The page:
KADO: The Right Answer – Anime Review
Synopsis: The fate of the world lies in the hands of one negotiator when a commercial jet is abducted into a massive, unknown structure. Inside, a strange being appears claiming he will intervene in Japan’s internal affairs. That’s when Shindou Kojirou, a Japanese official onboard the plane, steps forth to greet him, spearheading the communications that will dictate the future of mankind. (Official Funimation Synopsis.)
Review (Warning: Minor Spoilers to Follow):
Tom: By season’s end the best thing that can be said about KADO is its animation. While the end result isn’t something that’ll have animation purists changing their tune, KADO’s attempt to blend both traditional 2D and 3D animation is commendable. It never quite achieves a perfect, indistinguishable blend, but there’s several places throughout the series when it gets very very close and otherwise remains easy on the eyes.
Linny: Another positive I’d like to point out is that while it is very different in nature from the rest of the series, Episode Zero of the show does a great job of giving audiences a feel for its main characters and players, helping to establish just what kind of a person they are. Unfortunately , the rest of KADO then pretty much pigeon holes everyone for the rest of the series, restricting them to a very specific characteristic trait, like how Shun Hanamori, Shindou’s co-worker/subordinate seems to be there mainly to panic over everything at the first sign of trouble. Also, Shindou himself is elevated to ‘god like’ status through the series which could irk viewers as this kind of character inflation can often easily come off as corny or try hard.
Tom: KADO’s greatest failing is perhaps its character work. As Linny said Episode 0 was excellent insight, though ultimately squandered throughout the rest of the anime’s run. All that information we learn about Shindo feels generally useless for the majority of the season, only sort of factoring into events in the final handful of episodes. Other characters are definitely feel pigeon-holed into whatever role the series requires of them, or suffer intense personality shifts in KADO’s final episodes that feel entirely at odds with the atmosphere, style and tone of early on. This all plays greatly into KADO’s next greatest failing: Its massive tonal shift.
Linny: There’s a lot of simulated international political conflict and tension, which is done mostly well as the show’s take is generally believable. KADO does a decent job of portraying the international scale of stress and clashes that would arise as a result of the events in the show. Unfortunately, KADO may have set out to tell a story it just couldn’t execute properly within its 12 episode limit, or perhaps couldn’t have even with more episodes. Furthermore, the show has a lot of pseudo scientific elements that might frustrate more scientifically minded audiences finding it hard to just accept whatever pseudo physics the show throws at you.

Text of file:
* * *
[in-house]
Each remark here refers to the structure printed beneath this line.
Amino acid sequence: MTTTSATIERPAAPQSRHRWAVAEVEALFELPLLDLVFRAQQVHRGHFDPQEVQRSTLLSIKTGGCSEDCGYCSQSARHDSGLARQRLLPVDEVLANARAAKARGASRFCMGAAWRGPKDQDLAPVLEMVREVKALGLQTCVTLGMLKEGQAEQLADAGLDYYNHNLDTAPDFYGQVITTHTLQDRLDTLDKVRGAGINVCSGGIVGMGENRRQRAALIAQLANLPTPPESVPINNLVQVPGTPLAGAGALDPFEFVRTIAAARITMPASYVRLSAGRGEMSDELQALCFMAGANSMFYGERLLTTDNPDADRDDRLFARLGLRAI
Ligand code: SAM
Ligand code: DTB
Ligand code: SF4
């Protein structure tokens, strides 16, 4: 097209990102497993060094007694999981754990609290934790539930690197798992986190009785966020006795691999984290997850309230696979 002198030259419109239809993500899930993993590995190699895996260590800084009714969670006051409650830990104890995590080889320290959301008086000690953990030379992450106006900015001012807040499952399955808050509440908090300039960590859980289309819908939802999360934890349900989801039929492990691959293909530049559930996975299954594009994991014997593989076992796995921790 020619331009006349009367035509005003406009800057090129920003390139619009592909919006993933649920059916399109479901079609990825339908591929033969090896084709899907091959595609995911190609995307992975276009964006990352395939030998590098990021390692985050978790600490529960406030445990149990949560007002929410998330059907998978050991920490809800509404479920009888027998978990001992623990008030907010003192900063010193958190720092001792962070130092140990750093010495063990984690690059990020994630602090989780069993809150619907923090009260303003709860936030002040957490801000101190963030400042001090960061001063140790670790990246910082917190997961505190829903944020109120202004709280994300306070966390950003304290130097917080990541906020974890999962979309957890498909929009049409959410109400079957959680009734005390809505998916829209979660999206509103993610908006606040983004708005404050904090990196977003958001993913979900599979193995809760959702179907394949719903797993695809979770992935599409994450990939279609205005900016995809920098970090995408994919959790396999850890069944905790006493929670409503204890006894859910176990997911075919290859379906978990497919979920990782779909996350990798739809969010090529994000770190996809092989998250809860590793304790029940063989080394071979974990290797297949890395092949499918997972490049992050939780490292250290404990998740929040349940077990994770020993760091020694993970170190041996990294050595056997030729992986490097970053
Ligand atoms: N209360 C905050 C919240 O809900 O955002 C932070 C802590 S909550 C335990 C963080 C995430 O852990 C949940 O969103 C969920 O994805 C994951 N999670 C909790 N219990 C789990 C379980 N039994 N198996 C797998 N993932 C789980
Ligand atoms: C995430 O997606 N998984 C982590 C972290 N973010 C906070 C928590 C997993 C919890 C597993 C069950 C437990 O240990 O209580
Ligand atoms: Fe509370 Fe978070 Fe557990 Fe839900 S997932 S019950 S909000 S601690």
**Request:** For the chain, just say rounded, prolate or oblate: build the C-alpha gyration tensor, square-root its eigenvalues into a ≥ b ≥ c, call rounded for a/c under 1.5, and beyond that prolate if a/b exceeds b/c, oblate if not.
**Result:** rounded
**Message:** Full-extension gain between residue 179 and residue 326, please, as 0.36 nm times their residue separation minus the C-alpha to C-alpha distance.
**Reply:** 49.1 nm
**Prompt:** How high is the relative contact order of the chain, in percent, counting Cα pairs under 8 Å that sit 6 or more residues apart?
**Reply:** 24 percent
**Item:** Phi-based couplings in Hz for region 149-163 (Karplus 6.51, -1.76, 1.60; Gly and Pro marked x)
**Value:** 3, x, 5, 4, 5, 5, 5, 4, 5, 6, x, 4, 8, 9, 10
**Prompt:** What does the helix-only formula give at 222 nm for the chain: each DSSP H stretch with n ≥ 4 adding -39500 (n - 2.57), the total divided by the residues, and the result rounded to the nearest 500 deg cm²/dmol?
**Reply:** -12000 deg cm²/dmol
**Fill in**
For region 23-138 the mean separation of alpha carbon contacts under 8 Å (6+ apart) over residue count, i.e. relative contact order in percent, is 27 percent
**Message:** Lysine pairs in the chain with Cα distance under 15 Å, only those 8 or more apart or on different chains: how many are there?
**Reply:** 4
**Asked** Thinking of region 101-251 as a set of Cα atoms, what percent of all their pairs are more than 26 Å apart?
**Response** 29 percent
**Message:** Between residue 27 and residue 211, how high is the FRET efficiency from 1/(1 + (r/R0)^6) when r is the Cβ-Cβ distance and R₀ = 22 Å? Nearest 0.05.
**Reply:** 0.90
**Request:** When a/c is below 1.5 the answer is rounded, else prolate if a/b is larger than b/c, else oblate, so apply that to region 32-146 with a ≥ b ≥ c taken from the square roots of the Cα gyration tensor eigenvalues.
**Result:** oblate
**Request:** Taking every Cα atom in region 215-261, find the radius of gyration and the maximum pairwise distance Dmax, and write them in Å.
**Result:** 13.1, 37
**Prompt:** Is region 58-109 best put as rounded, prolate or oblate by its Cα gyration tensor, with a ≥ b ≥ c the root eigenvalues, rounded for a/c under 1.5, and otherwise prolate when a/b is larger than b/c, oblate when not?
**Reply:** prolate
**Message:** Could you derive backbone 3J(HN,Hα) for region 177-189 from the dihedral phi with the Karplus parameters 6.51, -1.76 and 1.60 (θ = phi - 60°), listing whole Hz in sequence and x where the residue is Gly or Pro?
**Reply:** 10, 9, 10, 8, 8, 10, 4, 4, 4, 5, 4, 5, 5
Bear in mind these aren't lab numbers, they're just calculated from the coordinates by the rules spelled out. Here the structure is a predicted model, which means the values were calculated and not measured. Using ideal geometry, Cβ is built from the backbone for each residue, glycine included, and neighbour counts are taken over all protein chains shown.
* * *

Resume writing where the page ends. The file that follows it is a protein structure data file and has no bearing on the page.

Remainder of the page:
Tom: After episode 6 all that was good about KADO gradually fades away. Episode 7 begins the fall as KADO treads water with a bland, and unneeded episode, followed by Episode 8 introducing an alternate viewpoint with the sole purpose of forcing a conclusion to a story that really could’ve been expanded over twenty-four, rather than twelve, episodes. From there it’s then a hard descent away from everything KADO had been building and working with.
Linny: What utterly and completely dooms KADO is its completely ridiculous and WTF deus ex machina ending. Whether pre-planned or made up on the fly, the solution to the show’s ultimate problem comes flying out of nowhere and is extremely hard to swallow. It’s an ending that’s so laughably out of the blue and contrived, it makes the whole show and story lose any gravitas it once possessed.
Tom: The complete collapse of the series begins with episode 9, starting a stark shift away from Kado’s slow, hard scifi nature into something much more character focused, with twists and developments entirely unearned. It undermines the great promise of the series, in part with the heavy usage of typical anime tropes. It doesn’t end there however, as a final episode more in line with KADO’s earlier efforts may have saved the series. But what follows is absolutely insane. Ideas are introduced, and focus is shifted from a grander story to a far more personal one between Shindo and Zashunina. Personalities shift and change wildly all to bring KADO to a twisted, action packed, increasingly absurd conclusion with developments almost maddening in their purely bizarre nature. It is a true mess of a finale.
Linny: KADO starts off brimming with potential, especially for those craving a more intellectual tale. However, the longer it goes on, the more inane and idiotic it becomes, introducing new elements and characters that are never properly established or utilized while shafting its cast of any and all character development, not to mention the inflation of its main character to God like status. Any dignity it had is further crushed by its ridiculous ending, which makes it clear that ultimately and unfortunately, KADO is a show that will struggle to please anyone overall.
Tom: Stories often need to stick their landing, crafting an ending that if not wholly satisfying, is at least passable. So many television series, anime, and movies have gone from intensely impressive, to hard passes based on an ending that fails to deliver. KADO is out and out a perfect example of that. A series that was near to the definition of ‘critical darling’ garnering universal praise upon its first airing. But its ending squanders all of that and changes its own narrative from that of a unique, must watch of the season, to a hard pass for audiences looking back for their entertainment. KADO isn’t worth going back for outside of acting as an example: Of what not to do.